Viral-Mediated Gene Delivery

An alternative to generating knockout or transgenic mice is to utilize viral-mediated gene delivery. This system utilizes viruses to insert novel DNA sequences into the genome of a host cell. Previous studies have used viral vectors to overexpress wild-type or mutant α-synuclein in the substantia nigra. The animals develop fibrillar deposits resembling Lewy bodies that form gradually over a period of weeks.[30] This method has also been utilized for PARKIN overexpression, which showed encouraging results for neuroprotection in PD.[31, 32]

Viral vectors allow for a high degree of temporal and locational specificity, enabling experimenters to induce transgene expression in adult wild-type animals. They also allow animals to be unilaterally transduced and serve as their own control, which is not possible for knockout or transgenic animals.[30] However, viral vectors come with drawbacks. The procedure is technically challenging, requiring a direct injection into the brain. The level of transgene expression may vary considerably between animals, and even between different neurons in the same animal.[30] One cohort reported that only 25-30% of mice treated with an α-synuclein-encoding vector developed noticeable deficits.[33] These variable results should be weighed against the advantages of temporally-controlled gene delivery.

Clinical Relevance of Parkinson’s Disease Models

The ability of an animal model to inform human clinical studies is of key importance when designing PD experiments. Among the PD rodent models, their most common critique is the lack of Lewy body formation. Studies of primate models have helped to explain this observation. In monkeys treated with MPTP, α-aggregation mainly occurs in neurons expressing neuromelanin, a pigment that is found in dopaminergic neurons of primates but not rodents.[34] This finding suggests that Lewy bodies may result from a unique mechanism in primate dopaminergic neurons. The inability to replicate a key pathological feature of PD is a caution against the clinical relevance of these neurotoxic models.[30]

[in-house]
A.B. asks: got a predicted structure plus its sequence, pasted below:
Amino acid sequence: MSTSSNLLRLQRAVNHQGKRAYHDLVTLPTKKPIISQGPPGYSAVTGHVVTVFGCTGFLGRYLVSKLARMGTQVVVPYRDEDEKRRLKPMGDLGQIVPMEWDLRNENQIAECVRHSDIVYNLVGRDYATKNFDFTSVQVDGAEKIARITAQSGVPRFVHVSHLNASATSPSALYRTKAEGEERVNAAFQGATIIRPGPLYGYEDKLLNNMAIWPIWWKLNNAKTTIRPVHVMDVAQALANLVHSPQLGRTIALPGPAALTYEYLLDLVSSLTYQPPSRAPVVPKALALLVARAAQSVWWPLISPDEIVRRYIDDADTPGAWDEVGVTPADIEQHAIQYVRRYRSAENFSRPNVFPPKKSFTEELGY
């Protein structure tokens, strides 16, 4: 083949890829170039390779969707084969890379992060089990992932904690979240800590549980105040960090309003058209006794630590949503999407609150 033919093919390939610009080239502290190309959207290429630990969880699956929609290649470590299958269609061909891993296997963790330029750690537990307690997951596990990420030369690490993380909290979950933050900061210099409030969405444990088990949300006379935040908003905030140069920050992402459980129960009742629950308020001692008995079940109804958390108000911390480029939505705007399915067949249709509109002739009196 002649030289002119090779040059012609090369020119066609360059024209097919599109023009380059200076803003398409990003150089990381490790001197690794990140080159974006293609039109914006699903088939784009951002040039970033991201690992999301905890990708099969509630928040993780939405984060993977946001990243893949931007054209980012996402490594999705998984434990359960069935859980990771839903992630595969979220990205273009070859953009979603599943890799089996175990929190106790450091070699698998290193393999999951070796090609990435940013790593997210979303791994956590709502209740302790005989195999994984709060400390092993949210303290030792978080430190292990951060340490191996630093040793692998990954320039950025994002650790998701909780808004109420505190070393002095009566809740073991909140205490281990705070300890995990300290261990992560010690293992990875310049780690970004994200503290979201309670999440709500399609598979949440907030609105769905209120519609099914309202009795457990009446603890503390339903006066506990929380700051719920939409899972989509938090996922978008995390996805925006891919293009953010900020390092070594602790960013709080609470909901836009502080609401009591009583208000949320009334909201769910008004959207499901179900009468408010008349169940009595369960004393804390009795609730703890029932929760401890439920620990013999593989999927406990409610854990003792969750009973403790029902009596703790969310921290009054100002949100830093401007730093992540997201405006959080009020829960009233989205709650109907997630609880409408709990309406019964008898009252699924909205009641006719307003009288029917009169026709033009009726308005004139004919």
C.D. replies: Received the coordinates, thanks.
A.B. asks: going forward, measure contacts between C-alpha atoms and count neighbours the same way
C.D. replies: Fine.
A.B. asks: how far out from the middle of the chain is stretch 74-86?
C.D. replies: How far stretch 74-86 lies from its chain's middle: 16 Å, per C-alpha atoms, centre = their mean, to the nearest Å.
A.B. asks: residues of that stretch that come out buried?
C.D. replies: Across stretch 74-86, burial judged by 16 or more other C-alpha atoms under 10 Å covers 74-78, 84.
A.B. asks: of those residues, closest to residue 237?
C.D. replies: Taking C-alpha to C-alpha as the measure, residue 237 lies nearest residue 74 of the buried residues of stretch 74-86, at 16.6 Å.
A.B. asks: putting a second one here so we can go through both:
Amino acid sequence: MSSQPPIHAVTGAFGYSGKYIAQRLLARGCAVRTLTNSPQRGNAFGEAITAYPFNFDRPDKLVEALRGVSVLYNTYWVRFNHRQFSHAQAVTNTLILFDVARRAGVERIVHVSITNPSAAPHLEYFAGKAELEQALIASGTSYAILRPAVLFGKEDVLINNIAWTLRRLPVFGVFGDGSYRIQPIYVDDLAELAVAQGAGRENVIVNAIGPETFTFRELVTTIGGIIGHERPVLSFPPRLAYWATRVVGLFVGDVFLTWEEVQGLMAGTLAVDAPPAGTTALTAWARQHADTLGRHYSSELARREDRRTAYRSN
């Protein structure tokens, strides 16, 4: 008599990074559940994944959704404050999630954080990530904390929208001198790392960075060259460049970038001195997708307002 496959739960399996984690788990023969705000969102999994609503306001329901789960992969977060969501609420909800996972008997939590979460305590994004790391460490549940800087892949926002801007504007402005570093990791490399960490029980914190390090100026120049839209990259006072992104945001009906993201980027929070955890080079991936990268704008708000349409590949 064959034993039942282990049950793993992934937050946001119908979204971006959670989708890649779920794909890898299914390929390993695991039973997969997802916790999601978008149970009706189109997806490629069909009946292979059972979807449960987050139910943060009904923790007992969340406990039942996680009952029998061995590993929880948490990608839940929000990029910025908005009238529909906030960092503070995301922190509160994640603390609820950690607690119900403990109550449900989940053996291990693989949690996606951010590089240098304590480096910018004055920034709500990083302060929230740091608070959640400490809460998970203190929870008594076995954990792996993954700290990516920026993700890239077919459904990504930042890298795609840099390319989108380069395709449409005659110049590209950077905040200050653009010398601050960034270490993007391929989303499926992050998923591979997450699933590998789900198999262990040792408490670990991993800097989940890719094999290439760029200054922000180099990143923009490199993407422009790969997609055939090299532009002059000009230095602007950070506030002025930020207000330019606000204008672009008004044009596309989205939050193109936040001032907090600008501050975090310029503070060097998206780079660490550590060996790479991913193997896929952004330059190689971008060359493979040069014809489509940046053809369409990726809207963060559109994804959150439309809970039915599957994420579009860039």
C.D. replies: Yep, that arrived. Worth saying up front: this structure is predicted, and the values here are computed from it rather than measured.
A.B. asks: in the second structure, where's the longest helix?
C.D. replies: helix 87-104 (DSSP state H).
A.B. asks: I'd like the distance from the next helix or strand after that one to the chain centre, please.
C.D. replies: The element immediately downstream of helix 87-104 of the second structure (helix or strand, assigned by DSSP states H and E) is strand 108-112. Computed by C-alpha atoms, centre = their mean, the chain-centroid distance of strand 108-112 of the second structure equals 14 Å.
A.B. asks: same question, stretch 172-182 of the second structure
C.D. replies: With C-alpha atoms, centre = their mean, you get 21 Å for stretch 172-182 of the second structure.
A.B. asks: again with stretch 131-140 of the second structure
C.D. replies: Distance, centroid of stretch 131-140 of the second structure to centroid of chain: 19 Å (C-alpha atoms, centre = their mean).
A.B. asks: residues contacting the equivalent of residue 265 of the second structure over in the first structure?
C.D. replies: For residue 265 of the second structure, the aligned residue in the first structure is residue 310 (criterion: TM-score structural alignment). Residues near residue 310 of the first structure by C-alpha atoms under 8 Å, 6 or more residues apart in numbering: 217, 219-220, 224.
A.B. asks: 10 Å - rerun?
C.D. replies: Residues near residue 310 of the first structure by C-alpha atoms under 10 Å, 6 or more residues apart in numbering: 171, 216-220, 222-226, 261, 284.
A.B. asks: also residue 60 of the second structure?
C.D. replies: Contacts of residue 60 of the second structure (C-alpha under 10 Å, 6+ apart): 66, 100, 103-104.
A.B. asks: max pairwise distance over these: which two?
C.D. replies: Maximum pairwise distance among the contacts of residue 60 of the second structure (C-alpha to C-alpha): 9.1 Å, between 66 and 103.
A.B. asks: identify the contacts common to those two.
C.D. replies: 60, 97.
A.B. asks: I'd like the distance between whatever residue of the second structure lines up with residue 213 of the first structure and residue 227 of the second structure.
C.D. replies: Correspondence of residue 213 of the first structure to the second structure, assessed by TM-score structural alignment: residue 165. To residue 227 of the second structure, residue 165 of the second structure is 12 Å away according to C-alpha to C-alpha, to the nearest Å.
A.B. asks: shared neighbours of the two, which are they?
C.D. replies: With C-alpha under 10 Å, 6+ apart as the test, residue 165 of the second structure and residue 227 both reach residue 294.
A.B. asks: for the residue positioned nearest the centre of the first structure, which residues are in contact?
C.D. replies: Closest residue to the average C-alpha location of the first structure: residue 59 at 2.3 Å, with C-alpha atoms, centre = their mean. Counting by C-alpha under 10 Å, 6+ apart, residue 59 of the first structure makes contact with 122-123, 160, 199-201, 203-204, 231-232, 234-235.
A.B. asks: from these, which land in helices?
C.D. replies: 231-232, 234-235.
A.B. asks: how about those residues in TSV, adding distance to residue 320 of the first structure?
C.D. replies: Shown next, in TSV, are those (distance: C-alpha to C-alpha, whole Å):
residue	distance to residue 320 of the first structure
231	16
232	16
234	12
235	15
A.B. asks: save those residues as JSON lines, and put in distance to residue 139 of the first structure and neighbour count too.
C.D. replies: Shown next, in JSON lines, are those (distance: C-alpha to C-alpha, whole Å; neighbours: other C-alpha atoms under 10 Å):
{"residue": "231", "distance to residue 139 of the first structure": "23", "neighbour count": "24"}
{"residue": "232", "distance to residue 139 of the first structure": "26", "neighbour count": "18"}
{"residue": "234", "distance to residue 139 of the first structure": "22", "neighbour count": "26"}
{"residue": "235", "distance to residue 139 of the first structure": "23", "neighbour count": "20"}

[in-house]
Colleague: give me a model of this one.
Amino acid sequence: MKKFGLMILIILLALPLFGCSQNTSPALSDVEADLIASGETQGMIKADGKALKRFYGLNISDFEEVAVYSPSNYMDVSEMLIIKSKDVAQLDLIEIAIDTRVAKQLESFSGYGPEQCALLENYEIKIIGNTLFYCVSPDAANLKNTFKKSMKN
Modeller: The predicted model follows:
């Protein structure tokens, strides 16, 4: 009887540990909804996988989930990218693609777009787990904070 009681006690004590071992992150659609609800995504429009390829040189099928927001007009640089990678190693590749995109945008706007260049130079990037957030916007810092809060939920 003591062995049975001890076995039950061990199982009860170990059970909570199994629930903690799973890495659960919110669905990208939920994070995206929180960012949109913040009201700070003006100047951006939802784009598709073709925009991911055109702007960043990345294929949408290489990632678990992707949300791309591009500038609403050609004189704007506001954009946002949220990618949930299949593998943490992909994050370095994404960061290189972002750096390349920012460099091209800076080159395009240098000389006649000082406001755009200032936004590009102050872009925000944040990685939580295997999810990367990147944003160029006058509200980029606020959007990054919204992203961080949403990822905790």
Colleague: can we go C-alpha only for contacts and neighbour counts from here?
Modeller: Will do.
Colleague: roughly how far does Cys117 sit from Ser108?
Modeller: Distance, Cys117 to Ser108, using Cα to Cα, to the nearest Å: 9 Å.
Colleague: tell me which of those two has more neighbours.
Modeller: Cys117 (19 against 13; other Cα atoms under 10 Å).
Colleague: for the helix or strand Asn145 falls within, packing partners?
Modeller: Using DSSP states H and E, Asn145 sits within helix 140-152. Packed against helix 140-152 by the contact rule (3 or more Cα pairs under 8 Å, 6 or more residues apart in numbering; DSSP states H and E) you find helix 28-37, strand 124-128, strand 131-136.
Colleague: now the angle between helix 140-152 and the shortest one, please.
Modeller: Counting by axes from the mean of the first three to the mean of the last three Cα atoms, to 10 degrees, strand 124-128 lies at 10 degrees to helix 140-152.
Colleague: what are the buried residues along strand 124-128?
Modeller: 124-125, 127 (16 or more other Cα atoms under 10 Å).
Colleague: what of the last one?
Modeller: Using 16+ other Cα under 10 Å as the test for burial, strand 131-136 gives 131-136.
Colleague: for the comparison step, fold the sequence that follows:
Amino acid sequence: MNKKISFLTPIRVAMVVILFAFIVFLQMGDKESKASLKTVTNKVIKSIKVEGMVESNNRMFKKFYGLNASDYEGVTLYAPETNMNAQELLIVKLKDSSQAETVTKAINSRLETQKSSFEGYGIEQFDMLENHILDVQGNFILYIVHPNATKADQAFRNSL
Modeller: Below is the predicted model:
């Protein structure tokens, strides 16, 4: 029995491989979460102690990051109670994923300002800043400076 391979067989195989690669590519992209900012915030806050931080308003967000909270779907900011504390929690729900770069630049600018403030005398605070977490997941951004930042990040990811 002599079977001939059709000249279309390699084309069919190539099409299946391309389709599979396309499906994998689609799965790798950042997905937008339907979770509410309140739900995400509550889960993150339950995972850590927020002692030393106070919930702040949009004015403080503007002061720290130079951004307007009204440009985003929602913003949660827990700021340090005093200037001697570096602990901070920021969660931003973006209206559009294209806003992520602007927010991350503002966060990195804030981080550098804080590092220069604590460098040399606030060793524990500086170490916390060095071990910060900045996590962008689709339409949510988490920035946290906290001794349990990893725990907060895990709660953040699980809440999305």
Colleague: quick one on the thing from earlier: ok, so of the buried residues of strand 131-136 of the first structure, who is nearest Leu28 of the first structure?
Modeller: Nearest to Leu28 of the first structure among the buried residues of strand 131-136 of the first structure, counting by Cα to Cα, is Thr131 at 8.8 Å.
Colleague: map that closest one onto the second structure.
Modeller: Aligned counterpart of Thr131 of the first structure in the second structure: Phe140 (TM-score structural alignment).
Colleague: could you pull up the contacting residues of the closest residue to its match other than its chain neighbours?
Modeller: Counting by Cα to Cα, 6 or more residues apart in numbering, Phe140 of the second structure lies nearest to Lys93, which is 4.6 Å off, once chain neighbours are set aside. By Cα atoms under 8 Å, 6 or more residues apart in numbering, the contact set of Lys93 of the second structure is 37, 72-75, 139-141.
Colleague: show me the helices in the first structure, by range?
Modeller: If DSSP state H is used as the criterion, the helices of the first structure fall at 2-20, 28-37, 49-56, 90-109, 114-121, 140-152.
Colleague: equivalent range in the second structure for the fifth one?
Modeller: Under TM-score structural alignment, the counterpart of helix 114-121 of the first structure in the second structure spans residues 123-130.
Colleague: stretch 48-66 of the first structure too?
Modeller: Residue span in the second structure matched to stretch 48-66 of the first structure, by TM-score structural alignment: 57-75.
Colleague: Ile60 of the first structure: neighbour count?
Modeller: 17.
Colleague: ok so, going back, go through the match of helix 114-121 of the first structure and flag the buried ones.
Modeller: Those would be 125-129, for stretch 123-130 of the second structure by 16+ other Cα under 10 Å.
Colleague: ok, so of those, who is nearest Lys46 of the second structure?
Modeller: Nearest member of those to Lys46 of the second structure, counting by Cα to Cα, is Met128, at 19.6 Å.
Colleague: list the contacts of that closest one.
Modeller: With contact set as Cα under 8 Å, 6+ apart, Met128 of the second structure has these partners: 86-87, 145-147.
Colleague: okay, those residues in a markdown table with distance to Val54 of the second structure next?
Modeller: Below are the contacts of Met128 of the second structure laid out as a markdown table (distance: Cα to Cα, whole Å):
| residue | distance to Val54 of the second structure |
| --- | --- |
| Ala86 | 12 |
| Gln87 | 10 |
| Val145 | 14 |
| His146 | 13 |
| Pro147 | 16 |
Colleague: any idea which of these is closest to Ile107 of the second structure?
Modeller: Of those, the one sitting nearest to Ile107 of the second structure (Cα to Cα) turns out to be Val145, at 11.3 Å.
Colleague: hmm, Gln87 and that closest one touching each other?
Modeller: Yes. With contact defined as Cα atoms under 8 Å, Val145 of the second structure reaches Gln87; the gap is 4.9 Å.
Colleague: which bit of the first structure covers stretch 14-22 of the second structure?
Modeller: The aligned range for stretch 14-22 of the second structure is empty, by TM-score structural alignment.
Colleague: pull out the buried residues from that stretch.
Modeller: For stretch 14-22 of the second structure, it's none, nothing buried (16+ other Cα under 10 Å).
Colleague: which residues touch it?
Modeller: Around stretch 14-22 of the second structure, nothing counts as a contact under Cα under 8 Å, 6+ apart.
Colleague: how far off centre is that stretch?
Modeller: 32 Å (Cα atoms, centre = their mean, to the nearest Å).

In addition to the limitations of rodent models, poor experimental design can further widen the gap between animal research and human trials. For instance, approximately half of all PD drug candidates tested in rodents are administered simultaneously or prior to neurotoxin administration.[30] This is in stark contrast to human PD, where treatment is not initiated until after months or years of progressive neurodegeneration. Incorporating clinically-driven experimental design will help to enhance the relevance of these studies for human trials.[30]

Behavioral Assessments for Parkinson’s Disease Rodent Models